In addition to finding ways to discharge incomplete impulses related to nervous system activation, an important part of trauma recovery is to support survivors in recognizing and responding healthfully to their current physiological/psychological state. When taught and learned from a trauma-informed perspective, yoga can be a vitally helpful resource on each of these fronts.

Yoga can have both stimulating and soothing effects. This is true on both the physical and psycho-emotional levels. Yoga teachers can encourage balance in the nervous system through classes that incorporate both stimulating and sitting postures, and by encouraging students to notice when they feel safe, soothed, and secure. Part of the skill of a trauma-informed teacher is to emphasize present-state awareness and offer opportunities for students to choose what brings them balance. Over time, students can build coping skills and make choices that support their transition from hyper- or hypo-arousal to a balanced state.

Watch for Triggers

Overly intensive reactions to more or less everyday events (e.g., unexpected loud noises) are popularly referred to as “triggers.” It is important for yoga teachers working with veterans to understand that “being triggered” is part of the pattern of physiological disequilibrium produced by traumatic experience. Yoga instructors working with veterans in clinical settings need to know why and how to adapt standard teaching practices to minimize potential triggers.

It should be emphasized that the practice of yoga may at times be triggering for some students no matter how highly trained and experienced the teacher. For this reason, teachers working with students suffering from PTSD should always have solid working relationships with support staff and clinicians.

Encourage a Multi-Pronged Approach

Understood as an experience that disrupts the mind-body system, unwinding the physiological and psychological patterns encoded by trauma may require a combination of 1) “top-down,” cognitive-based talk therapies to help process memories, strengthen relationships, and develop meaningful personal narratives; 2) “bottom-up,” body-based therapies to help calm down the nervous system, self-regulate, and feel and tolerate a range of emotions and sensations; and 3) if needed, taking medications under the supervision of a qualified professional to provide the foundation necessary for cognitive- and body-based therapies to be effective.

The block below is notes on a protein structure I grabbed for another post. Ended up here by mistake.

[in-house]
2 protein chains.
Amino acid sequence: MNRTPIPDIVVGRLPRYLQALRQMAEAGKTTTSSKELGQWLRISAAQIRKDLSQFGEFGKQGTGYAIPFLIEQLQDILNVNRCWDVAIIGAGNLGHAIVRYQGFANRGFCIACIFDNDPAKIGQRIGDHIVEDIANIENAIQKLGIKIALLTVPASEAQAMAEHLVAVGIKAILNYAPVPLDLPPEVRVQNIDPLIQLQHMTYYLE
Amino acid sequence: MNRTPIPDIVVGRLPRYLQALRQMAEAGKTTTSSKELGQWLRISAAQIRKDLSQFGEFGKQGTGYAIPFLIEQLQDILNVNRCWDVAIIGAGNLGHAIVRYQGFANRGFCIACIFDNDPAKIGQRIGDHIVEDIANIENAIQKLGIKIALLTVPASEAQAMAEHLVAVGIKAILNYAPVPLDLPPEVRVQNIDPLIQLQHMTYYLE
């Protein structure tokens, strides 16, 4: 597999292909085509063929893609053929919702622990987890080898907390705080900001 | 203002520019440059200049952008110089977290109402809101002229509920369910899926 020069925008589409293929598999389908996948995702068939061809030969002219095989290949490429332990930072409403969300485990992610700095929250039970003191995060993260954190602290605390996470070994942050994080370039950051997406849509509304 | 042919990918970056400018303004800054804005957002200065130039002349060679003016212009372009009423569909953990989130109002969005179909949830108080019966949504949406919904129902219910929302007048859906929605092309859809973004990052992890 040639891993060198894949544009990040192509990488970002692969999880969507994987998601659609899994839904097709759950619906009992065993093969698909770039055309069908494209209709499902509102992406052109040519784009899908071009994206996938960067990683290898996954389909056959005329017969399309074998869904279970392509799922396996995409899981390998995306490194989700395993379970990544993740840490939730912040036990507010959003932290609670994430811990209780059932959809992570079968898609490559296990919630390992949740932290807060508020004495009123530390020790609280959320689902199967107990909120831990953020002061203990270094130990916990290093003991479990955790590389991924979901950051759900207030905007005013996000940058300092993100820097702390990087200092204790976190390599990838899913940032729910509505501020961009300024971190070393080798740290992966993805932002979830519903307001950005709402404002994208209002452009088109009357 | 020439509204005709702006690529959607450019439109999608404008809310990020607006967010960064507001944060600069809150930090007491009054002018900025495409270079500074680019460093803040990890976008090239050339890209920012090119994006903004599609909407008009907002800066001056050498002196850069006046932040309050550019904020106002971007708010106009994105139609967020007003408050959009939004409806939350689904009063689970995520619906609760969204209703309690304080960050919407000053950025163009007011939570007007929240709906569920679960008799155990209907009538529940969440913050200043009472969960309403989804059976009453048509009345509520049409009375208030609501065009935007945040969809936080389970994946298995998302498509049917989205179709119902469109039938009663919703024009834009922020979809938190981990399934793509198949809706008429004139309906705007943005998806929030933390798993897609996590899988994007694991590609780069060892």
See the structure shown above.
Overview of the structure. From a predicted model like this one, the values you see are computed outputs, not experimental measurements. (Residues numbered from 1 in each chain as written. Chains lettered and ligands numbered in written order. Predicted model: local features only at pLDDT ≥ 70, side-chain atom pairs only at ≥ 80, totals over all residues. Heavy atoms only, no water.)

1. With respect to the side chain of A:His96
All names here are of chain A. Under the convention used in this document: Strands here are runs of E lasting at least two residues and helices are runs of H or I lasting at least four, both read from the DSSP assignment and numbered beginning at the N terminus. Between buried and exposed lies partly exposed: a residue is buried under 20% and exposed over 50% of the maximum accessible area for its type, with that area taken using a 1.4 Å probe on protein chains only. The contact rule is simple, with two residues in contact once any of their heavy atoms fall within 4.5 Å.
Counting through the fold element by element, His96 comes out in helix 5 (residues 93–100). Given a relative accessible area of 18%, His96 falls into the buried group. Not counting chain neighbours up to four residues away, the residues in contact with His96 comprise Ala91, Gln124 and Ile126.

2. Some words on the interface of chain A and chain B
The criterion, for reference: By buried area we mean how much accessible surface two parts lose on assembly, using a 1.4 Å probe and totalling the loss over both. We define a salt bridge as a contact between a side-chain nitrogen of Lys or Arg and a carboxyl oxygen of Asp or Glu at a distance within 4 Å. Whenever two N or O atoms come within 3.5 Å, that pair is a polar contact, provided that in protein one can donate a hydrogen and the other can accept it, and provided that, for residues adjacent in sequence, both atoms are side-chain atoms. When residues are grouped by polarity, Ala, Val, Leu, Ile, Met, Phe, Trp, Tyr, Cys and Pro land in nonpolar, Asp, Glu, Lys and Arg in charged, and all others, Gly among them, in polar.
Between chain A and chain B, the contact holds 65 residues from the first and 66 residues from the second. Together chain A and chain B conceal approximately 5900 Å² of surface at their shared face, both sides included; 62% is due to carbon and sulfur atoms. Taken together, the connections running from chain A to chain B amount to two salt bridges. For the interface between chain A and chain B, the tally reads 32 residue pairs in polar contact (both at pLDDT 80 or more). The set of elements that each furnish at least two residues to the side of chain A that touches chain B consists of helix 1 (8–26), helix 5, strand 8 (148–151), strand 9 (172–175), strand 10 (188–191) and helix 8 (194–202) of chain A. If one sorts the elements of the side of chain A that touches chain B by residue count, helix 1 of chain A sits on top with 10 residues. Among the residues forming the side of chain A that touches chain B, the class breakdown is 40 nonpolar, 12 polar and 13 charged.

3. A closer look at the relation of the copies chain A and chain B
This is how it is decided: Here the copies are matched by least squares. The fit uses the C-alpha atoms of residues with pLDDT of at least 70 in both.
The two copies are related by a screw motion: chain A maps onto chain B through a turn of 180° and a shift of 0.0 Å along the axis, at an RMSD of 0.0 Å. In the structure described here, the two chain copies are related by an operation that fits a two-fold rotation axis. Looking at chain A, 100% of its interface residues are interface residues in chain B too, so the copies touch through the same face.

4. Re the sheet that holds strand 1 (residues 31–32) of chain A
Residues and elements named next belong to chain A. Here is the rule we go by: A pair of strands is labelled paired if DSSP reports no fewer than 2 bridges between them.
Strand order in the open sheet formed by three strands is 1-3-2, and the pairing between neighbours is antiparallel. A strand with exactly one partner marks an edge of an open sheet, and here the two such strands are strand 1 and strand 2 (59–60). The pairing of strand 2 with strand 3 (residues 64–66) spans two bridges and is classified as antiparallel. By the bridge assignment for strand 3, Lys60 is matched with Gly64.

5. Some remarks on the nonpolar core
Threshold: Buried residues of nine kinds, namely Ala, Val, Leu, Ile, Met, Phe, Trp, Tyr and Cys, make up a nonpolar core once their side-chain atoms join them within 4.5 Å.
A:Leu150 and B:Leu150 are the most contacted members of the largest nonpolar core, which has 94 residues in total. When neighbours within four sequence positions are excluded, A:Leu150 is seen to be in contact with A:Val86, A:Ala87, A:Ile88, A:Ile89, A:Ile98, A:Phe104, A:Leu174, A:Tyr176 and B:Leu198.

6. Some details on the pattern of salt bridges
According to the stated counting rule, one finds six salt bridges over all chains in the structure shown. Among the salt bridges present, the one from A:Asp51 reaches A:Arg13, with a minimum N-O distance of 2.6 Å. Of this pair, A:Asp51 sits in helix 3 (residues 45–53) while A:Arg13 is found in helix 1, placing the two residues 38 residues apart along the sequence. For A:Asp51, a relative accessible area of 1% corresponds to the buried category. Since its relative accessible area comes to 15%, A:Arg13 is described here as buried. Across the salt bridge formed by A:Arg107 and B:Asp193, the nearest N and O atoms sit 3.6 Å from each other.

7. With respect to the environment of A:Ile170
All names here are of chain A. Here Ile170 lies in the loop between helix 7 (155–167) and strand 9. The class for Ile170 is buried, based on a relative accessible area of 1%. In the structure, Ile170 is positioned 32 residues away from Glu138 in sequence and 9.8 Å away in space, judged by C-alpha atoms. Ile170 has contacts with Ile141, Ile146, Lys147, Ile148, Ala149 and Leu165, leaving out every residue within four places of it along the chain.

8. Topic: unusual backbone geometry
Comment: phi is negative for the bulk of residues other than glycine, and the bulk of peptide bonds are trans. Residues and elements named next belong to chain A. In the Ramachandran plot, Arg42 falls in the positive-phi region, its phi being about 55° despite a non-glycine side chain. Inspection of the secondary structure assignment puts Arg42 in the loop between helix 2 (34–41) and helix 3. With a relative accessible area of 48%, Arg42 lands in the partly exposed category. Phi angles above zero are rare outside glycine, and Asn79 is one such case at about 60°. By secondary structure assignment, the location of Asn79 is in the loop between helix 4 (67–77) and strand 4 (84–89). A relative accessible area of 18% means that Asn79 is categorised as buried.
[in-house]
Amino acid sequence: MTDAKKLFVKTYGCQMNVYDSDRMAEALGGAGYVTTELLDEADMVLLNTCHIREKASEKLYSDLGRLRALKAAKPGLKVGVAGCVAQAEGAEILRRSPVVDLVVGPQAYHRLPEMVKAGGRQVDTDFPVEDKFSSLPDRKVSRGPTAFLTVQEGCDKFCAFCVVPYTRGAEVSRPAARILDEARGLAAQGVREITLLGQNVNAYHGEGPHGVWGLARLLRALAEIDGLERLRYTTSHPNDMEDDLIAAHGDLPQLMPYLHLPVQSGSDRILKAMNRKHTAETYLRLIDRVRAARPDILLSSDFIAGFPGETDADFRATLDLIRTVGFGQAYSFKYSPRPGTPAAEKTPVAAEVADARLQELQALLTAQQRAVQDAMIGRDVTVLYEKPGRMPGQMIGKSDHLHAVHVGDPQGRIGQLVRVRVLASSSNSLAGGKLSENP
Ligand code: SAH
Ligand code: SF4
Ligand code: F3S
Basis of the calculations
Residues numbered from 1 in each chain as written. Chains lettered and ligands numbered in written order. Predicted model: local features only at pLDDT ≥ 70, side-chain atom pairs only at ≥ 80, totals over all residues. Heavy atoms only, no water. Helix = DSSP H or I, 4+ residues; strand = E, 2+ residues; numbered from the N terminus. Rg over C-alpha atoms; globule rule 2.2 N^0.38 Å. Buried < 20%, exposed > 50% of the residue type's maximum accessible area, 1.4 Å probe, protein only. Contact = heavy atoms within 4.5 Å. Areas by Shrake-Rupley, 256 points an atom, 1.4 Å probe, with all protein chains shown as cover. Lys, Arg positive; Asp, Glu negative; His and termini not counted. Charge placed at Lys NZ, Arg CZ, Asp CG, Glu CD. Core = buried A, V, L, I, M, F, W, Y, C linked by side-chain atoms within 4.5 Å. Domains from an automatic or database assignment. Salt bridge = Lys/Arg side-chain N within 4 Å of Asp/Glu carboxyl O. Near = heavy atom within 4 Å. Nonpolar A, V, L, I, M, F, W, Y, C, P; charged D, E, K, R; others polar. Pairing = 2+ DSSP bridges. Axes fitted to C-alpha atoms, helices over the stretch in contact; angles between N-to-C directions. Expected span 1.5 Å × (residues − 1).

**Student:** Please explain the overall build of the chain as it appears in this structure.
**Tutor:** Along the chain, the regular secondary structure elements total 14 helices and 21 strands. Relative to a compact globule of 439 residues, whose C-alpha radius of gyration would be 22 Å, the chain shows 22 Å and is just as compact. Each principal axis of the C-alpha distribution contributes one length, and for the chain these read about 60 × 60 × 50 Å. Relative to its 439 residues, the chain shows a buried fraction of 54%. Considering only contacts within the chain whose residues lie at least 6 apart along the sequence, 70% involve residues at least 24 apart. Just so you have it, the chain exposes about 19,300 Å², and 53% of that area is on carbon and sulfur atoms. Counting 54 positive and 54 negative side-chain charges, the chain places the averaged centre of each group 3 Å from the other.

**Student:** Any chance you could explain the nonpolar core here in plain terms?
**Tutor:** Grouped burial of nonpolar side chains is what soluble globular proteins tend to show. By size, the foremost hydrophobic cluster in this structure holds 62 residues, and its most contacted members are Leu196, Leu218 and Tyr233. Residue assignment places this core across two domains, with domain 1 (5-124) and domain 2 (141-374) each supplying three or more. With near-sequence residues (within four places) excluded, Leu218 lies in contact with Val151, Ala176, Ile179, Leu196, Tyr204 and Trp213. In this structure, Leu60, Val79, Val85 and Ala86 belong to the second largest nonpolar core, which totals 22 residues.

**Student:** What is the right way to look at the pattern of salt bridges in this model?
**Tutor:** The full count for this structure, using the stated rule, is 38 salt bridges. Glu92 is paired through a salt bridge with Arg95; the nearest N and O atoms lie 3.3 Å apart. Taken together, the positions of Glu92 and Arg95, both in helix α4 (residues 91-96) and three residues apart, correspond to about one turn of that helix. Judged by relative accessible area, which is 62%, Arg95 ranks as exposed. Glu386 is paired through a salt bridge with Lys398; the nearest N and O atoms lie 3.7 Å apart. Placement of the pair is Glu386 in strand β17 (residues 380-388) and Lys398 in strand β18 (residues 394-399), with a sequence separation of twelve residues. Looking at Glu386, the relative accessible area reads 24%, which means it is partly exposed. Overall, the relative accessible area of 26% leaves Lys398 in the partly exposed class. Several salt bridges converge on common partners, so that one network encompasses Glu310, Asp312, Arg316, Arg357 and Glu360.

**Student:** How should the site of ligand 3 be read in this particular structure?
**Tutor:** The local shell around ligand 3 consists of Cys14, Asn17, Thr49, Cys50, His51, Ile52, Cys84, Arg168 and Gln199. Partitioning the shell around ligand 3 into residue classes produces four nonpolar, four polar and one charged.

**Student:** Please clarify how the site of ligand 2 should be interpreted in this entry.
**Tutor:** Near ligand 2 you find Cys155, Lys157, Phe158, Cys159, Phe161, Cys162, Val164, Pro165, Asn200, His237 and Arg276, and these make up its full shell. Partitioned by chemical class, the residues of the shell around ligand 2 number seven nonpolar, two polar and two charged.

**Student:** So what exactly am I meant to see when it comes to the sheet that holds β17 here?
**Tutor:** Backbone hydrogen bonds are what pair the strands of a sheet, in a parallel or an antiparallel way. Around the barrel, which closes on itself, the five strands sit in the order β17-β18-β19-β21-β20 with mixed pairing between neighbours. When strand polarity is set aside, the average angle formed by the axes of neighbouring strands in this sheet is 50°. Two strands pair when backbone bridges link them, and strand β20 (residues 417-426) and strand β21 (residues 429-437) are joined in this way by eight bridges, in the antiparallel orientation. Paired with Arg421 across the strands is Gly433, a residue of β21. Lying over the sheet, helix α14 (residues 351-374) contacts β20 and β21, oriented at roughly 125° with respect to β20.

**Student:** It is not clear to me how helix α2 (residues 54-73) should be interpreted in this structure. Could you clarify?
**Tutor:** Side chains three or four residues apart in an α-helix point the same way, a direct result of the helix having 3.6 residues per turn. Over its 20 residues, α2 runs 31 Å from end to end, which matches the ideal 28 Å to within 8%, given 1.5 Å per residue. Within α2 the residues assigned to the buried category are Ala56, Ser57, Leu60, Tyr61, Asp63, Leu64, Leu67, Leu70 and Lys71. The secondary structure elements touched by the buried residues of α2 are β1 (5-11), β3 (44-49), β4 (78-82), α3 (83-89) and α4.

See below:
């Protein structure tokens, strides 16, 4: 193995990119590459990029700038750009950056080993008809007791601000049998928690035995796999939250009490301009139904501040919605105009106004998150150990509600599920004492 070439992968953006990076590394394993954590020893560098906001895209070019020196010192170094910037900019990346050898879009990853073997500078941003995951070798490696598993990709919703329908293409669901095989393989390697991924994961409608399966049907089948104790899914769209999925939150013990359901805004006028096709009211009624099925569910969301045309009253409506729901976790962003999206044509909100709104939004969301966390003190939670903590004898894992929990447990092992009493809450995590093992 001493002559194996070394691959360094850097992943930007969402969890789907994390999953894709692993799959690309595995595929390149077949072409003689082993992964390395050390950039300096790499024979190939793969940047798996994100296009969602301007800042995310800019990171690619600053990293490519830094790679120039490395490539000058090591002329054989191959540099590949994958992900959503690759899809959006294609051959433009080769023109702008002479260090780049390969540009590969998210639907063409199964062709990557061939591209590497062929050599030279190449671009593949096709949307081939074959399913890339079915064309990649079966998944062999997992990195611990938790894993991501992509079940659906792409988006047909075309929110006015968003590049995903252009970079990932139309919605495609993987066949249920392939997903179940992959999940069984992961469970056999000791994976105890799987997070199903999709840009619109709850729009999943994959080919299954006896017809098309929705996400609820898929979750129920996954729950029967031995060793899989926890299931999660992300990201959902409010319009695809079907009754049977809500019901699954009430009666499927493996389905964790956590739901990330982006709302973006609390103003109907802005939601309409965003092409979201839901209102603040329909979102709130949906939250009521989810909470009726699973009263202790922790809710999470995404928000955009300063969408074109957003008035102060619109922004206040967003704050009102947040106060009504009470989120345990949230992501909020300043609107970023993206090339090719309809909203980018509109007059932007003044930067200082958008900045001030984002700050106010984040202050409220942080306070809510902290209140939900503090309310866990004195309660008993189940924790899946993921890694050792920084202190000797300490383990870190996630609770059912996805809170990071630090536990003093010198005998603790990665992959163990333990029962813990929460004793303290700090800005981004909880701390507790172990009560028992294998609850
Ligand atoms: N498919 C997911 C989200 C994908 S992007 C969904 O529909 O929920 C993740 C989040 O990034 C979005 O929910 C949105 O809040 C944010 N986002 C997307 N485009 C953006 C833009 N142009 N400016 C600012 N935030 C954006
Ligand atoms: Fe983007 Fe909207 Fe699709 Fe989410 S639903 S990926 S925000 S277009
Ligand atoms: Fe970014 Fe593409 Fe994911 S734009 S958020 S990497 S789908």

Trauma-informed yoga and EMDR are widely considered to be the most effective body-based therapies available. It is critical to realize that yoga will be most effective in healing trauma when it is integrated into a larger set of therapeutic supports that have been specifically tailored to the individual. Teachers should never lead students to believe that yoga is a stand-alone therapy. Even if yoga is the only therapeutic modality that a student wants to engage with, teachers should communicate that it’s always best to remain open to complementary therapies, resources, and supports.

© 2017 Omega Institute for Holistic Studies. Adapted from Best Practices for Yoga With Veterans, published by the Yoga Service Council and Omega Institute.